Prosecutors Say Derek Chauvin Used Unreasonable Force 4 Times Before George Floyd's Death

Former Minneapolis Police Officer Derek Chauvin used unreasonable force four times prior to George Floyd's death in 2020, including an encounter with a teenager in 2017, prosecutors said.

In court filings in the case alleging Chauvin violated the civil rights of the teenager, prosecutors said that Chauvin used neck or head and upper body restraints seven times prior to Floyd's death, dating to 2014, the Associated Press reported.

That included the four incidents in which prosecutors said Chauvin went "beyond the point when such force was needed under the circumstances."

The indictment against Chauvin alleges that he deprived a then-14-year-old boy of his right to be free of unreasonable force when Chauvin held the teenager by the throat, hit him in the head with a flashlight and held a knee on the boy's neck and upper back while he was prone, handcuffed and not resisting.

For more reporting from the Associated Press, see below.

George Floyd Memorial
Prosecutors said former Minneapolis Police Officer Derek Chauvin used unreasonable force four times before George Floyd's death. Above, a photo of George Floyd (center) is displayed along with other photographs at the Say Their Names memorial exhibit at Martin Luther King Jr. Promenade on July 20, 2021, in San Diego, California. Mario Tama/Getty Images

Chauvin was convicted earlier this year on state charges of second-degree unintentional murder, third-degree murder and second-degree manslaughter in Floyd's 2020 death. He was sentenced to 22 1/2 years. He's also charged in federal court with violating Floyd's civil rights when he knelt on the Black man's neck as Floyd was facedown on the pavement, not resisting and pleading for air.

When U.S. Magistrate Judge Hildy Bowbeer asked how he would plea to the charge involving the teenager, Chauvin clearly replied, "Not guilty, your honor."

Thursday's hearing was held via videoconference, and Chauvin appeared from the state's maximum security prison, where he's being held following his murder conviction. He was in a large room, and wearing a plain T-shirt as he sat at the head of a long table. No one was visible in the room with him, but a man was seen behind a window pane over Chauvin's shoulder. He had some paper on the table in front of him and appeared to take notes.

According to a police report from that 2017 encounter, Chauvin wrote that the teen resisted arrest and after the teen, whom he described as 6-foot-2 and about 240 pounds, was handcuffed, Chauvin "used body weight to pin" him to the floor. The boy was bleeding from the ear and needed two stitches.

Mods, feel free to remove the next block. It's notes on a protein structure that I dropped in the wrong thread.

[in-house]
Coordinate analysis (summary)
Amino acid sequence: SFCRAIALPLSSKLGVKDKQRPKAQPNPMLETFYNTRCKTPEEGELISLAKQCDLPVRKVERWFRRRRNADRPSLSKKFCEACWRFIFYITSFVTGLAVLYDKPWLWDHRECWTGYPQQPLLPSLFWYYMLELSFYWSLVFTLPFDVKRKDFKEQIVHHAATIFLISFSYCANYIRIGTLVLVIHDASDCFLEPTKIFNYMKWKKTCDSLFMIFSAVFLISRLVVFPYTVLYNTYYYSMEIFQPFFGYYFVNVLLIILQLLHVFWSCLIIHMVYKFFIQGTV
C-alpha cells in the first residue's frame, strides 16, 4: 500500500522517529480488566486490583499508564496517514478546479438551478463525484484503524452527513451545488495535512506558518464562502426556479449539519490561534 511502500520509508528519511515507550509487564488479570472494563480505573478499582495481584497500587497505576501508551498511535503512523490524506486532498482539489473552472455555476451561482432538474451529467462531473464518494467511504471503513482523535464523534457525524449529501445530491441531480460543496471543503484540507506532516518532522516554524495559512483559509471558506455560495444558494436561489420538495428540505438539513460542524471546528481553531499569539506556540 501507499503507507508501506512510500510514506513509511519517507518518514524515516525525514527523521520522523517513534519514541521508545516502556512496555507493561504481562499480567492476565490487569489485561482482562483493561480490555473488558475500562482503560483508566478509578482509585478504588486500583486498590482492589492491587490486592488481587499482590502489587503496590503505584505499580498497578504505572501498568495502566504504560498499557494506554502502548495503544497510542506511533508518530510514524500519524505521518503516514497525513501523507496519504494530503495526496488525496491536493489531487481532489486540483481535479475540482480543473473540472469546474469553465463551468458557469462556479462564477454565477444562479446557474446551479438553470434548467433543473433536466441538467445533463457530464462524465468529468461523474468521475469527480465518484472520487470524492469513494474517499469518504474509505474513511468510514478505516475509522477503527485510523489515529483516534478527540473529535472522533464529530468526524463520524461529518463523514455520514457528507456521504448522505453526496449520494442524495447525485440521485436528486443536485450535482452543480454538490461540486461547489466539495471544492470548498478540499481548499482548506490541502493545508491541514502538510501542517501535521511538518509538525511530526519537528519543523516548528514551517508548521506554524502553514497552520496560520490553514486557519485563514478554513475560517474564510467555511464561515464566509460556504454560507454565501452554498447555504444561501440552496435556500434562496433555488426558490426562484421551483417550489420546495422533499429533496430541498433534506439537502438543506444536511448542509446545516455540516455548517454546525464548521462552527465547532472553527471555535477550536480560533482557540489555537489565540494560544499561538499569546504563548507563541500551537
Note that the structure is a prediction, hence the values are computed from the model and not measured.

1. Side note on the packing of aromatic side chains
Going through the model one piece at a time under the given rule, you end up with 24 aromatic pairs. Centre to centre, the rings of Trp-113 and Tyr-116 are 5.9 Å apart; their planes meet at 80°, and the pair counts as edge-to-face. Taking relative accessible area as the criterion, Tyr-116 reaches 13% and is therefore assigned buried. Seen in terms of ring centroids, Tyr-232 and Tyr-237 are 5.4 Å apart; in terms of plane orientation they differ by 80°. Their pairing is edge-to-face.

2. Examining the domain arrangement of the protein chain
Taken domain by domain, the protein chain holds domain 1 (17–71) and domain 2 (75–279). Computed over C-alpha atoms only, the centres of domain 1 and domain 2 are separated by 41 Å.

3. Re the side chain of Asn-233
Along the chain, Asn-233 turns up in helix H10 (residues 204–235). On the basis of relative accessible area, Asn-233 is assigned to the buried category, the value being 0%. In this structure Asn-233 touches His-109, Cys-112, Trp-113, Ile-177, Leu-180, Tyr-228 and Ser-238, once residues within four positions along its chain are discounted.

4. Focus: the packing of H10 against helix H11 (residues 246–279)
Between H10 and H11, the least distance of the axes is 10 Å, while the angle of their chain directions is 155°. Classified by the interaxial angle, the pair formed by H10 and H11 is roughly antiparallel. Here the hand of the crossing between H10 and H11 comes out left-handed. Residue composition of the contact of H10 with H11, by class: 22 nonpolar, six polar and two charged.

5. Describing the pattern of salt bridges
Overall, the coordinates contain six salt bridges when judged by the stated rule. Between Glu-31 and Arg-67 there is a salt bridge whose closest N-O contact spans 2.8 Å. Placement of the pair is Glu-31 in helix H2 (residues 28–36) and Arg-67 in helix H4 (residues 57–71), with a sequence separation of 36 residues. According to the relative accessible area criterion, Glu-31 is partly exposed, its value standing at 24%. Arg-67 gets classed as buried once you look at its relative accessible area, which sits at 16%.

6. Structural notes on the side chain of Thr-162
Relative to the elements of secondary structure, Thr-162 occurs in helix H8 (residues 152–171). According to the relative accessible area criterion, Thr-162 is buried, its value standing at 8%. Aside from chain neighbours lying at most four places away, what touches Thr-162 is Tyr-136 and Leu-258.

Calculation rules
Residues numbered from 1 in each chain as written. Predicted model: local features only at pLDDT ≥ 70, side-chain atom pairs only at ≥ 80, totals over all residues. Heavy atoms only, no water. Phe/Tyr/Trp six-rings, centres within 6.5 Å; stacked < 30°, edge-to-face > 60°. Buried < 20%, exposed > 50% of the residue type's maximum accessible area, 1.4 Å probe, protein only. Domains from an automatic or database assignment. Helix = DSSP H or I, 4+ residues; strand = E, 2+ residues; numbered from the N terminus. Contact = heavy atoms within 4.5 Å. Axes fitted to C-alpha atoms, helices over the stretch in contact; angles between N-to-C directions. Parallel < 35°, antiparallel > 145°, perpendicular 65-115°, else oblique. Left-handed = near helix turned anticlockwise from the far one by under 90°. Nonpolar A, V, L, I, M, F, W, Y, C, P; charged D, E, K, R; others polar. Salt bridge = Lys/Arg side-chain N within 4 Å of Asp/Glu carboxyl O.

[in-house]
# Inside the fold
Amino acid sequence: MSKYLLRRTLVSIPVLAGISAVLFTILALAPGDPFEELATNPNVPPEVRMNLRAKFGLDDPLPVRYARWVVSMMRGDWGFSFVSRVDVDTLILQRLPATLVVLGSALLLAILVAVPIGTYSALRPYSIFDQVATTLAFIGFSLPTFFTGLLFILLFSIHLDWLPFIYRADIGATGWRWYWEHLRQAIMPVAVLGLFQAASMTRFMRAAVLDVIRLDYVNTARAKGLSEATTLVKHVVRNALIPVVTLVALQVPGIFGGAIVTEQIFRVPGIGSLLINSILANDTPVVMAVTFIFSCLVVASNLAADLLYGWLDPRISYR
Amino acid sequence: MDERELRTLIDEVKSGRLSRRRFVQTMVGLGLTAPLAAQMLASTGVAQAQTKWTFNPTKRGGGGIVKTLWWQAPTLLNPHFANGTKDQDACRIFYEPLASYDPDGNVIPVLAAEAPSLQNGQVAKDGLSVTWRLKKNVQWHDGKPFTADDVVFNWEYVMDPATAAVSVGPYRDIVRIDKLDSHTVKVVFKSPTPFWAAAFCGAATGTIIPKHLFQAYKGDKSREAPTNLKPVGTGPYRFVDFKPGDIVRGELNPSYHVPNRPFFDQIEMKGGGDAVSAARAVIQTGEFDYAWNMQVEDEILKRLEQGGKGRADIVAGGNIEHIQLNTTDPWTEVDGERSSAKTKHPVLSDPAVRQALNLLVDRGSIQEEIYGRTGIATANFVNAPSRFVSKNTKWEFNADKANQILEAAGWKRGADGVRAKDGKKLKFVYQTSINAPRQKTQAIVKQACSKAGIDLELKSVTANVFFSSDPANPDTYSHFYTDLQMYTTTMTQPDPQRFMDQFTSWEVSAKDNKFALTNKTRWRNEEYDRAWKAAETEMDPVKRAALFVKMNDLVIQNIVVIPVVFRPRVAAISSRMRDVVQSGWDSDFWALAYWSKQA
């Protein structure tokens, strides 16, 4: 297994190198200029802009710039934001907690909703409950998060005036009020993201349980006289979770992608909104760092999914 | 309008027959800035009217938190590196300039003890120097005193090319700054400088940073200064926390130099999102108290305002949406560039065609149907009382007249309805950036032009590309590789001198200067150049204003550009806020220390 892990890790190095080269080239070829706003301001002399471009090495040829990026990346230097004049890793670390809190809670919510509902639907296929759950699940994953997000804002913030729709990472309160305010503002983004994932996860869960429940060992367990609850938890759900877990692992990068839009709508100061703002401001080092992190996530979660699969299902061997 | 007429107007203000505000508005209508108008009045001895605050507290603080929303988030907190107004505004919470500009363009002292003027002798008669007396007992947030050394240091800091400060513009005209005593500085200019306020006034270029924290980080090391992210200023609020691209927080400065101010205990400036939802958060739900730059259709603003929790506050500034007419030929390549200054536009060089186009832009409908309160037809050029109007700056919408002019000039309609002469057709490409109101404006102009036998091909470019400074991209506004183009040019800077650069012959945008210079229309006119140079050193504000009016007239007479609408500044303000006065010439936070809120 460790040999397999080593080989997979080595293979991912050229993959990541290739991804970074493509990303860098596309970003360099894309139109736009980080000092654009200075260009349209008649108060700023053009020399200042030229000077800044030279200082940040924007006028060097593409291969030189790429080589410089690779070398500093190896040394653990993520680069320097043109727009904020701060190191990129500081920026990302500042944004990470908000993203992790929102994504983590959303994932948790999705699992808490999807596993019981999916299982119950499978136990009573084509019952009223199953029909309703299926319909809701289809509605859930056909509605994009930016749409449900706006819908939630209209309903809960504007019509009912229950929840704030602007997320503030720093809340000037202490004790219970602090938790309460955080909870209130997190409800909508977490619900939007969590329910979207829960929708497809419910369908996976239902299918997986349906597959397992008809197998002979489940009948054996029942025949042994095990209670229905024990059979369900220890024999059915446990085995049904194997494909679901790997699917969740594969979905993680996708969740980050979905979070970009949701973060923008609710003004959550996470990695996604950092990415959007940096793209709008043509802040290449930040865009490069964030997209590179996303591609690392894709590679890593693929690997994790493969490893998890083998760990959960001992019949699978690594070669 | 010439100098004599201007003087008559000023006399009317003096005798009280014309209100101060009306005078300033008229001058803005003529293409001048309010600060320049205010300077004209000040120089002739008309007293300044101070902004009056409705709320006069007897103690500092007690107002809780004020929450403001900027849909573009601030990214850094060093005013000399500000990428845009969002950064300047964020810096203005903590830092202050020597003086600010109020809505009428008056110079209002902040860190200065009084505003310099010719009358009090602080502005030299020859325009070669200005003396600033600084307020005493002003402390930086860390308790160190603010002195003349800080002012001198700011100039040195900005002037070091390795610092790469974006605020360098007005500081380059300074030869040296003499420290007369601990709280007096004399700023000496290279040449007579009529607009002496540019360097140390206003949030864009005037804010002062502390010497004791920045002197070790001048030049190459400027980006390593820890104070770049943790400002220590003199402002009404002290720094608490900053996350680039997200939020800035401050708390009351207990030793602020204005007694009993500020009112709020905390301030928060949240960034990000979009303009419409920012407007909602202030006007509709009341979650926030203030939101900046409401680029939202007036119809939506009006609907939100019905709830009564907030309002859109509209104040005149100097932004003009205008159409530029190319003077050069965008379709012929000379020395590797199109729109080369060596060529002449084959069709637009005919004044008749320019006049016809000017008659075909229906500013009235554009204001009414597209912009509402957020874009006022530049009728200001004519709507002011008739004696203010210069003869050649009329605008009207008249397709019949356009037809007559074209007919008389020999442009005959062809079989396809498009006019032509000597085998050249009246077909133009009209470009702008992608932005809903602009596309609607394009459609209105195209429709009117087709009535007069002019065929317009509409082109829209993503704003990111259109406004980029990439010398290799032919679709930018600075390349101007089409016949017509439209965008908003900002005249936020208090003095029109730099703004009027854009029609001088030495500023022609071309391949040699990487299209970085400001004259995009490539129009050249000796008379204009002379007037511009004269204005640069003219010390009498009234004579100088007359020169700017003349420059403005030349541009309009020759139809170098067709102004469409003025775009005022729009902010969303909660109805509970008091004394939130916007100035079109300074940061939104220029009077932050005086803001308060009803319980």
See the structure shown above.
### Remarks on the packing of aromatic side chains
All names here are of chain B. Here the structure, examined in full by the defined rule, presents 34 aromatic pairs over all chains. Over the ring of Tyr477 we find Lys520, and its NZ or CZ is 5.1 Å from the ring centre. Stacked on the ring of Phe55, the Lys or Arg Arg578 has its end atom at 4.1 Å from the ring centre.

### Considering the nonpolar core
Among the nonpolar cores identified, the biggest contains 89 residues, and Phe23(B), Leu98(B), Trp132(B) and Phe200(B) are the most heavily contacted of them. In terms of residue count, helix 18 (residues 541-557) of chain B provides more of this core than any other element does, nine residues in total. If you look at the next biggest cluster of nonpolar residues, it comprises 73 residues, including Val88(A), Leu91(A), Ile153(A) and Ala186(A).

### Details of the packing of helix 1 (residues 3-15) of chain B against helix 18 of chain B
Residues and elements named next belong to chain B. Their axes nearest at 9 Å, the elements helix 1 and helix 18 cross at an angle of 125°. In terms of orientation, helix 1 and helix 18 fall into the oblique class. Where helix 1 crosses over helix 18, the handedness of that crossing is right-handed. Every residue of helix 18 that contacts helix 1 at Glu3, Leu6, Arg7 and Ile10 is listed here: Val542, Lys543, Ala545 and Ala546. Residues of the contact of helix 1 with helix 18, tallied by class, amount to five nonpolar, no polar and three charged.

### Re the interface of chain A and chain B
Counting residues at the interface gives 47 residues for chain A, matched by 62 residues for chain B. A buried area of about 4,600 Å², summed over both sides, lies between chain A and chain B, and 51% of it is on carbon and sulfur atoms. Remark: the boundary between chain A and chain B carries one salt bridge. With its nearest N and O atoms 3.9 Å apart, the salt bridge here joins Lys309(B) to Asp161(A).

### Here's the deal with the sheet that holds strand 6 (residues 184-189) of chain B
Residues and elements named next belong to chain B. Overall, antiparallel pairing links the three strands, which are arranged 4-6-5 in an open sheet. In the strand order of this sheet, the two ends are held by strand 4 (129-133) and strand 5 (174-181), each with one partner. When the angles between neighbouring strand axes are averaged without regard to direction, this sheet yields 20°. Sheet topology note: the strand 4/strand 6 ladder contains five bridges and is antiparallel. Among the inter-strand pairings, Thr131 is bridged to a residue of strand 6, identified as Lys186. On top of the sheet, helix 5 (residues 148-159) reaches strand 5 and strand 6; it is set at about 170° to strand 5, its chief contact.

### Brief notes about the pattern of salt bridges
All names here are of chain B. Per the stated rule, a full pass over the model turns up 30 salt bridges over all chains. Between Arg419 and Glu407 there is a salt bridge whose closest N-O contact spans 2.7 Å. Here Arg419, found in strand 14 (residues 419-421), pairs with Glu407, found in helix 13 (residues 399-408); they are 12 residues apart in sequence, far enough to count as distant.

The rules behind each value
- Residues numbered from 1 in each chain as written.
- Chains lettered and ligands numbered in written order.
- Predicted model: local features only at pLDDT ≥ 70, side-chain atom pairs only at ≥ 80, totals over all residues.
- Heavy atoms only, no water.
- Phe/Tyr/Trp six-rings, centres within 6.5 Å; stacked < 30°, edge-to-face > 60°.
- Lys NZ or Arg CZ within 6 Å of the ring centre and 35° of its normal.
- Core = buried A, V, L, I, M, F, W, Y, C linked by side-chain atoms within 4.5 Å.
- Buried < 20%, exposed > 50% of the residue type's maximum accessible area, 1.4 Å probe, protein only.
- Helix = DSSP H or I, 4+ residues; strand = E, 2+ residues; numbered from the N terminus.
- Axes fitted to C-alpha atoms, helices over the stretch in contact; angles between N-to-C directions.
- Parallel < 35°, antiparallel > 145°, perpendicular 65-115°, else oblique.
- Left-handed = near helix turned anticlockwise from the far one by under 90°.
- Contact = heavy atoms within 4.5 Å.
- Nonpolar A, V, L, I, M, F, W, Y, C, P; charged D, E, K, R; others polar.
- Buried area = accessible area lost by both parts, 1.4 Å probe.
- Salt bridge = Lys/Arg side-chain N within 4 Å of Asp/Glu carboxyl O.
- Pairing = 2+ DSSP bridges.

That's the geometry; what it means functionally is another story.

Chauvin and three other former officers—Thomas Lane, J. Kueng and Tou Thao—were arraigned on civil rights violations in Floyd's death on Tuesday. All four pleaded not guilty to those charges. The indictment in the 2017 case was filed the same day as the one for Floyd's death.

According to the indictment in Floyd's death, the officers allegedly deprived Floyd of his rights while acting under government authority. The federal indictment alleges Chauvin violated Floyd's right to be free from unreasonable seizure and from unreasonable force by a police officer.

Thao and Kueng are charged with violating Floyd's right to be free from unreasonable seizure by not intervening to stop Chauvin as he knelt on Floyd's neck.

All four officers are charged with depriving Floyd of his rights when they failed to provide medical care.

Floyd repeatedly said he couldn't breathe as Chauvin pinned him to the ground. Kueng and Lane helped restrain Floyd; Kueng knelt on Floyd's back, and Lane held Floyd's legs, according to evidence in state court. Thao held back bystanders and kept them from intervening.

Derek Chauvin
Prosecutors said former Minneapolis Police Officer Derek Chauvin used unreasonable force four times before George Floyd's death. Above, in this April 15, 2021, file image from video, defense attorney Eric Nelson (left) and Chauvin address Hennepin County Judge Peter Cahill at the Hennepin County Courthouse in Minneapolis. Court TV via AP, Pool File